The Mahindra Hariyali project is one of the most successful projects of the organisation and is aimed at ensuring that Mahindra contributes its bit to increasing plant cover in India. From 1,120,018 trees planted in 2007, currently Mahindra group has planted 13,403,896 trees. Of these, the survival rate is as high as 10 million.
Tree of life
MSPL, the flagship company of the Baldota Group, has been actively planting trees in and around its leased area since 1977. Its efforts were recognised in 2004 through the ‘Priyadarshini Vrikhmitra Award’ by the Government of India.
Every year the company carries out plantation of 20,000 saplings in its lease area. It also involves local school children and employees to actively participate in the afforestation programme under World Environment Day celebrations.
Road-side plantation drives are organised in various communities and towns. Tree plantations in schools are also conducted to create greener schools in the community.
Ensuring that the plants survive and grow-up to be robust trees is the key objective. Watering the plants regularly is the key challenge. Ensuring this responsibility is taken up by a voluntary organisations or individual in that locality is imperative for success.
MSPL has planted 1.9 million trees till date in and around its mines and surrounding communities. It has also planted more than 10,000 plants in Hospet, Koppal and surrounding villages, this programme created good impact among the local community and spurred other corporates to plan similar programmes to create greenery.
The company plans to plant another 100,000 trees by 2020 and support any necessary initiative for the sustenance of local biodiversity.
The RPG Foundation has partnered with the Pune Municipal Corporation to transform a leased two-acre barren area into a Biodiversity Park in Viman Nagar, Pune. The park is benchmarked to international standards and is both experiential and educative. The park supports 165 plant species (from 69 botanical families) comprising 33 trees species, 56 shrubs, 59 herbaceous plants and 17 climbers. Ten of these plant species belong to the rare, endemic and threatened category (RET). Through this experiential interaction, guided by helpful signages, visitors (including educational institutions) are able to appreciate the therapeutic influence that plants have as the source of various household remedies. The braille signages and the sensory aspects of smell, touch and taste help engage visually-challenged visitors. The park is rich not just in flora but also in fauna with 17 bird species, 15 butterfly species, eight dragonfly species, two
fish species, 10 insect species, one reptile species and one amphibian specie. The park gets over 400 visitors a day to either take a walk, learn about plants, experience them or simply engage in recreation. The Foundation has also taken the initiative in the locations it operates in to sensitize schools about water conser-vation and installed various rainwater harvesting systems.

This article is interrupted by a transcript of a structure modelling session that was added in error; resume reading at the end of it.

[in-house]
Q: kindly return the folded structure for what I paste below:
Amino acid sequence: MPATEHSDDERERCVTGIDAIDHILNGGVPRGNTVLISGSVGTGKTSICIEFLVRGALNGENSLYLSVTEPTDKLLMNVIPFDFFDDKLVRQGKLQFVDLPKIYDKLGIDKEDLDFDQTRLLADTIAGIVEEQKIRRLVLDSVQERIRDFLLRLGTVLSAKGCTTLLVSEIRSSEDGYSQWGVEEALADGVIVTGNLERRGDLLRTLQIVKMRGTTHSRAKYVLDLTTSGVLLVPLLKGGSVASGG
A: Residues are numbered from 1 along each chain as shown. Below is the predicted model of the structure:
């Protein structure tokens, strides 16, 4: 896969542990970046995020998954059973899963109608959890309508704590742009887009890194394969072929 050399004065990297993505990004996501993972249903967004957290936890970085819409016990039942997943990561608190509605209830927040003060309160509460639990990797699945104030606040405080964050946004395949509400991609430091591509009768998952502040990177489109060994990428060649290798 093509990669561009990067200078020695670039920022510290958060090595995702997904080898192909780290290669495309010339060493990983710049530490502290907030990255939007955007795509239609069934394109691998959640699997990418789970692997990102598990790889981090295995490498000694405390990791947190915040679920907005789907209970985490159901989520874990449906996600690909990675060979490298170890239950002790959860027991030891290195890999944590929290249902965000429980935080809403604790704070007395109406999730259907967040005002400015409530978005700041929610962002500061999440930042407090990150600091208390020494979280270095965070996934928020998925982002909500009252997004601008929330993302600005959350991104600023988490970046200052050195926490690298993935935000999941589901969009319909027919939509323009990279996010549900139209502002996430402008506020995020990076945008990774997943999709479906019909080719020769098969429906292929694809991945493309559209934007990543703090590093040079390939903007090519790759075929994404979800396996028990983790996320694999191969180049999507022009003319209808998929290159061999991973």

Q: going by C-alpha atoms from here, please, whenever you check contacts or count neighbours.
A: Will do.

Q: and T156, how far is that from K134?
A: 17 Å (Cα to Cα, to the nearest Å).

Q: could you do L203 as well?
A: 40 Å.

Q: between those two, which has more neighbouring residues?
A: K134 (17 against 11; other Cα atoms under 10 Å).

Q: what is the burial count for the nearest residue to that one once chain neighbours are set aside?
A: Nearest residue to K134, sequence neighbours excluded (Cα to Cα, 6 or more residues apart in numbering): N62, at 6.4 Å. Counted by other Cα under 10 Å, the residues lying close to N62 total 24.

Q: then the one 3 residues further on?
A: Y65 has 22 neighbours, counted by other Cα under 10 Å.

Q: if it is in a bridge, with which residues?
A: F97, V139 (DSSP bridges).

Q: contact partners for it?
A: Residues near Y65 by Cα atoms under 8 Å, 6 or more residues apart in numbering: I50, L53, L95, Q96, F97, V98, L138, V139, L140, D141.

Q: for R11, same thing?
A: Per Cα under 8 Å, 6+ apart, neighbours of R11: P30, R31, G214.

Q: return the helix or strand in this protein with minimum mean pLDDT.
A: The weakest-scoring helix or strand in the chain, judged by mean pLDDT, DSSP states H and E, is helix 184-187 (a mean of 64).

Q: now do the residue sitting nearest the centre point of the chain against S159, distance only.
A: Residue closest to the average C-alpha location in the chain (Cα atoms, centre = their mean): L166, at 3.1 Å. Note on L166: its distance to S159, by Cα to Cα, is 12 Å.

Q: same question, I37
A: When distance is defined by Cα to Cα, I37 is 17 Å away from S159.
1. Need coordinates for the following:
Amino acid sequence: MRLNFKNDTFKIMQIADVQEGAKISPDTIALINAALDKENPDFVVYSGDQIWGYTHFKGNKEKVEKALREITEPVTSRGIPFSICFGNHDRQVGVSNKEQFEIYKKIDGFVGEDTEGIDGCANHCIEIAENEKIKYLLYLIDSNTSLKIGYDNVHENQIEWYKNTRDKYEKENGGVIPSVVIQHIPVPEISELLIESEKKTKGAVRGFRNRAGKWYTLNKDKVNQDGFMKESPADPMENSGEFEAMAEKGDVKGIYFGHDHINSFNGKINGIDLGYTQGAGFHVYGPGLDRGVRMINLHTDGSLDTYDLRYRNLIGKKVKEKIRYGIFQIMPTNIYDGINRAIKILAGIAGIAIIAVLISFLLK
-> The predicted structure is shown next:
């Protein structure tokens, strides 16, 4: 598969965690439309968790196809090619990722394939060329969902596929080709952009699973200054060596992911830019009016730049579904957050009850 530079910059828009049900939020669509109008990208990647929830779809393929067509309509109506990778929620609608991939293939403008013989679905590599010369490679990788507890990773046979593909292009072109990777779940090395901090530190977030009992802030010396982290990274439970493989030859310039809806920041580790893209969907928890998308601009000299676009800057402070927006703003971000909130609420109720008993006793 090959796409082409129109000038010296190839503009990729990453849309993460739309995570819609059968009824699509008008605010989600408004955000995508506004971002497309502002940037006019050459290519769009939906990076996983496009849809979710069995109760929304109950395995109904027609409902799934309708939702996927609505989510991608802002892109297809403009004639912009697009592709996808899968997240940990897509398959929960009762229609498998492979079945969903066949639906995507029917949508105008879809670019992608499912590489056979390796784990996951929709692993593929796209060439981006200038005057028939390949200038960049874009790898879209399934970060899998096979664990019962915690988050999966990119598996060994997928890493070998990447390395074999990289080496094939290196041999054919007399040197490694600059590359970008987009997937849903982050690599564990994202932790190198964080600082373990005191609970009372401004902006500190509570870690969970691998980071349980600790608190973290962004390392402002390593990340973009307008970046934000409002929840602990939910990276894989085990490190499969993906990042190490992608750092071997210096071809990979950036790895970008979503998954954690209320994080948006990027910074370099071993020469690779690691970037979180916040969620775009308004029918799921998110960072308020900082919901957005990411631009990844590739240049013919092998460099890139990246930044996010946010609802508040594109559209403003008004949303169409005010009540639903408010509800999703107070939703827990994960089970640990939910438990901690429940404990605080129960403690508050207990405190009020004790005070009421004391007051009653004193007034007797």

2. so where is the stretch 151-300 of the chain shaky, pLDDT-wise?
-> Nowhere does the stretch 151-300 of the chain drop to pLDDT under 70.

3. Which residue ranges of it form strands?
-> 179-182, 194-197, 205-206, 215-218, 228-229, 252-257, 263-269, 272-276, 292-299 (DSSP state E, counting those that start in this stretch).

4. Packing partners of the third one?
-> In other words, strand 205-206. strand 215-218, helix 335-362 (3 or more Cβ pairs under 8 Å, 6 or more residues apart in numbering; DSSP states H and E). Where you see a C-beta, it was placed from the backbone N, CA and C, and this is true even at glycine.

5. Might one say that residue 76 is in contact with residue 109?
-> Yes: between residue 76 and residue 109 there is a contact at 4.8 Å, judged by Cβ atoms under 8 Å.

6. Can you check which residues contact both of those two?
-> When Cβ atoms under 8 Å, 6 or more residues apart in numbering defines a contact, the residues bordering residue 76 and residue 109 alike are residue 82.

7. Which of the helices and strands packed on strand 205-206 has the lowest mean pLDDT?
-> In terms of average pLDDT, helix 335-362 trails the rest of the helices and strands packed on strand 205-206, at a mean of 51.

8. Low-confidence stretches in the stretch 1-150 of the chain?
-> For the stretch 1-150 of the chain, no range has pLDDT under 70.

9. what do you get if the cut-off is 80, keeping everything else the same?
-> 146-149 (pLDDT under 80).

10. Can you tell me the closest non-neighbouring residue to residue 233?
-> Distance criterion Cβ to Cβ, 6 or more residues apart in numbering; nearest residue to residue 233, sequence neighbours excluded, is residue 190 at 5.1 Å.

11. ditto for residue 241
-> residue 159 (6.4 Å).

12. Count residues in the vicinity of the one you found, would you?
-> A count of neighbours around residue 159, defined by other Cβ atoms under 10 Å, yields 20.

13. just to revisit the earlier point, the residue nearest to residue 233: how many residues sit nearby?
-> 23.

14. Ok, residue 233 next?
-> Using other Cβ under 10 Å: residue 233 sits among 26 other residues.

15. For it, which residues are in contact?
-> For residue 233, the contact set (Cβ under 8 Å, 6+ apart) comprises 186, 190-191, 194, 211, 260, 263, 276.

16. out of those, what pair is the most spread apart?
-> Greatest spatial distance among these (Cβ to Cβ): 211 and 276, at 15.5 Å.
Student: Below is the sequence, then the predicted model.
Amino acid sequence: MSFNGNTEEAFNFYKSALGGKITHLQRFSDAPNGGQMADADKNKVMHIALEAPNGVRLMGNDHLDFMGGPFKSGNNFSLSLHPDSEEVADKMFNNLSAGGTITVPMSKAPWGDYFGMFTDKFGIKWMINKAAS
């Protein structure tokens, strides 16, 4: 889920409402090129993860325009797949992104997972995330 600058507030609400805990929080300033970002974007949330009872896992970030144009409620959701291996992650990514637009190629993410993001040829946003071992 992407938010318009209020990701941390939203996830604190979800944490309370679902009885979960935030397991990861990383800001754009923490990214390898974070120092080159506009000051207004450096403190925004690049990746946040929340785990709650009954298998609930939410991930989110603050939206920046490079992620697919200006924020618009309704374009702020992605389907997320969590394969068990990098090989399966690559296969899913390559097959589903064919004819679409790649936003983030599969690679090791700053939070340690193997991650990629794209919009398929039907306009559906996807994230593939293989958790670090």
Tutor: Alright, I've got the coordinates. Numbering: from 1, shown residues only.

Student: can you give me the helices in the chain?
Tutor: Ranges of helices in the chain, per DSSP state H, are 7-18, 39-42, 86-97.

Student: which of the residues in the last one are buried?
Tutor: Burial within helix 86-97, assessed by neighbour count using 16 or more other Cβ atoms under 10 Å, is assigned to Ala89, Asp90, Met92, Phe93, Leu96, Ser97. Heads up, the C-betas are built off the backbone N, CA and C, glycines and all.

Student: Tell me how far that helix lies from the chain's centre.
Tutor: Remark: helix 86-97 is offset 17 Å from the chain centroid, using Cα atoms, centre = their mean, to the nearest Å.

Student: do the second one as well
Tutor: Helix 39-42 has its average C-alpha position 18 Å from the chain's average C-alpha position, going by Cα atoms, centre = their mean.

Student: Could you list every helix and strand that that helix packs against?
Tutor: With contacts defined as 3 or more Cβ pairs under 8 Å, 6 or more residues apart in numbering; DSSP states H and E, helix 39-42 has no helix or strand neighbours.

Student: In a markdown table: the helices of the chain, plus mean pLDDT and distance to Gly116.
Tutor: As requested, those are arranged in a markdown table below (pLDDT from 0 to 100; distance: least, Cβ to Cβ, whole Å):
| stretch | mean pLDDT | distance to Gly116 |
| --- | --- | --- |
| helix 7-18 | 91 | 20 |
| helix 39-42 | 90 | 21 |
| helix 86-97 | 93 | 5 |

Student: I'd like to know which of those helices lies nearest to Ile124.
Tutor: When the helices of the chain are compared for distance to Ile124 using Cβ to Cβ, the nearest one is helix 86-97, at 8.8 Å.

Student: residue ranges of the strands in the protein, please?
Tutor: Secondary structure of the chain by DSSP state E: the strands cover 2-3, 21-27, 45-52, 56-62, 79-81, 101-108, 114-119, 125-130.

Bajaj Electricals under its Corporate Social Responsibility (CSR) initiative established a small park, called as “Peace Park”, near Ranikhet, Almora district, Uttarakhand to commemorate the Kedarnath deluge of 2013. The aim of undertaking the project is to create awareness amongst local communities and school children, pilgrim and tourist about the fragility of ecosystems in the Himalaya and to conserve & protect biodiversity. Local women self help groups planted and maintained special trees like deodar, wild cherry, wild apricots and others around the pavilion in the area earmarked as the Peace Park.
The tree plantations sites are identified by Bajaj Electricals employees and NGO partners. The plantations are done across India at locations such as schools, colleges, central police canteens, roadside, wasteland, watershed and community farms for economic weaker farmers who can benefit from tree planting. The employees carry out tree plantation and take full ownership of the tree planted and maintenance.
Under a long term sustainable organic farming model village plots fruit-bearing trees are planted to help local farmers to increase their source of income.
For a better flow
The company aims to establish model sites for harnessing the potential of rain-fed areas by adopting integrated water resource management approach, to enhance water availability and its (green and blue water) use efficiency and to build capacity of farmers in the region for improving rural livelihood through knowledge sharing and dissemination.
The project was conceived as a long term intervention plan in association with ‘International Crops Research Institute for Semi Arid Tropics (icrisat)’ for about 10,000 hectares of land in two semi-arid regions, Vijayapura district (Karnataka) and Kurnool district (Andhra Pradesh). Lofty goals of enhancing water table, modernising agri-ecosystem and developing it as a model site for learning could not have been realised without widespread public support.
Realising this, the company initiated rapport-building measures, through awareness camps and multiple interactions were undertaken. Expectations, advises and concerns from local stakeholders were addressed. A committee, comprising of stakeholders, was constituted to carry out work. Optimum participation of concerned villagers was ensured so that a sense of ownership and attachment develops.
The company has seen an increase in water table, round the year water availability, as well as increased agro productivity in the range of 10-22 per cent in the areas.